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Sunday 29 September 2019

So you fancy visiting Saudi Arabia? Now is your chance.

Saudi Arabia is set to welcome international tourists for the first time, opening up a new frontier for adventurous travellers.

No fewer than five UNESCO World Heritage Sites, the Red Sea coast and the Empty Quarter will be open to tourism with the change fuelling investment and aimed at creating a million jobs.

Details of visa availability was this weekend announced at a gala event at Ad-Diriyah, a UNESCO World Heritage site in Riyadh - and Australians are among those who will be admitted.

Visitors seeking unexplored heritage sites, an authentic cultural experience and natural beauty will be able to access sites including:

# Madain Saleh (below) in Al-Ula, the largest conserved site of the civilisation of the Nabataeans south of Petra in Jordan.

# At-Turaif District in Ad-Diriyah, the first capital of the Saudi state.

# Historic Jeddah, the Gate to Mecca, characterised by a distinctive architectural tradition.

# Rock Art in the Hail Region, showing 10,000-year old inscriptions of human and animal figures.

# Al-Ahsa Oasis, with 2.5 million date palms the largest oasis in the world.

Saudi Arabia is home to 13 regions, each with a distinctive cultural tradition, and its highlights include the King Abdulaziz Centre for World Culture in Dhahran, the modernist sculpture park along the Corniche in Jeddah, Nassif House in Jeddah's historical district and the The Red Sea International Film Festival launching in March 2020.

Saudi Arabia boasts a diverse range of landscapes, including the green mountains of Asir, the crystal waters of the Red Sea, the snow-covered winter plains of Tabuk and the shifting sands of the Empty Quarter.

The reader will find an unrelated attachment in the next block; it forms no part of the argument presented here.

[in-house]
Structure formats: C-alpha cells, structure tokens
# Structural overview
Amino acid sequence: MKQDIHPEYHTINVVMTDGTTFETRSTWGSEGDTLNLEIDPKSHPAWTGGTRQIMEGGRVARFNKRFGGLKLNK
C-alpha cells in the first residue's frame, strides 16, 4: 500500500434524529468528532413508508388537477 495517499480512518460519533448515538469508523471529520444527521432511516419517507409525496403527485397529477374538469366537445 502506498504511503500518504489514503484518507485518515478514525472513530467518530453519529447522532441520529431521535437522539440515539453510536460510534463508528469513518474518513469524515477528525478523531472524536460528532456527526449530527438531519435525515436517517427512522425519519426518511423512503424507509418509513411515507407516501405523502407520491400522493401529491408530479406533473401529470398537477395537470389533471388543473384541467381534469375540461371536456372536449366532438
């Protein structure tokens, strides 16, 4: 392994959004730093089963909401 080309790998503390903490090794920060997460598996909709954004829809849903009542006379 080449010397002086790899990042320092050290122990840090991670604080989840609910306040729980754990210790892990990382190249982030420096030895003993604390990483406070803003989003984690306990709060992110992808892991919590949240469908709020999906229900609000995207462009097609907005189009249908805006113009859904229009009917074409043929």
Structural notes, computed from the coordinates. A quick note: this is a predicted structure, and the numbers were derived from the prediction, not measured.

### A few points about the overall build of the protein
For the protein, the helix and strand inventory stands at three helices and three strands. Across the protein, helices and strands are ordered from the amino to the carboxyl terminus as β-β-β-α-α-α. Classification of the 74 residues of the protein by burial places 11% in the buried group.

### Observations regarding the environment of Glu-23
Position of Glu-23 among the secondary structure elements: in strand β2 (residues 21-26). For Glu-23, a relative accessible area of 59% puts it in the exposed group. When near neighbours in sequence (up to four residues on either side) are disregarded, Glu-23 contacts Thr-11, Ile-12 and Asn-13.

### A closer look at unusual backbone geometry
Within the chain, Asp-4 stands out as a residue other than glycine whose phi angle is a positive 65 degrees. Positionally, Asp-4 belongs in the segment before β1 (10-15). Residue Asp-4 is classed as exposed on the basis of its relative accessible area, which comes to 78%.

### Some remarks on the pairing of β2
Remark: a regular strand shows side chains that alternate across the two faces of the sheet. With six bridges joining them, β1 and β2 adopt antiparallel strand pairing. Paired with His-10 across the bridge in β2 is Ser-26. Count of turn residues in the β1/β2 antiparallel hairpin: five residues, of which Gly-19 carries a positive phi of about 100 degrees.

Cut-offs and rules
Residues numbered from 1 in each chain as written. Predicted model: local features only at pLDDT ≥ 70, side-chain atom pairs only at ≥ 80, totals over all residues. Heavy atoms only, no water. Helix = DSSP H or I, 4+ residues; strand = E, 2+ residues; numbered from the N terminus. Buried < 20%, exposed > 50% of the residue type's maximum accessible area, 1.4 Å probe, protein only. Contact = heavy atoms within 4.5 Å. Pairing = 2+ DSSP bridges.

A number of new tourist destinations are currently under construction, including the futuristic city of NEOM, the Qiddiya entertainment city near Riyadh and a range of luxury destinations by the Red Sea.

Opening Saudi to tourism is a key plank in the implementation of the Vision 2030 policy, which seeks to diversify the country's economy and reduce its dependence on oil.

By 2030, the aim is for tourism to contribute up to 10% towards the Saudi GDP, compared to just 3% today.

His Excellency Ahmad Al-Khateeb, Chairman of the Saudi Commission for Tourism and National Heritage, said: "Opening Saudi Arabia to international tourists is a historic moment for our country.

"Generous hospitality is at the heart of Arabian culture and we look forward to showing our guests a very warm welcome."

Applications for the visa can now be made at Saudi Embassies and Consulates across the world although citizens from 49 countries - including Australia and New Zealand - will also be able to apply for an e-Visa online or get a Visa on arrival into Saudi Arabia.

A dedicated online portal at has been launched and electronic kiosks are available at airports.

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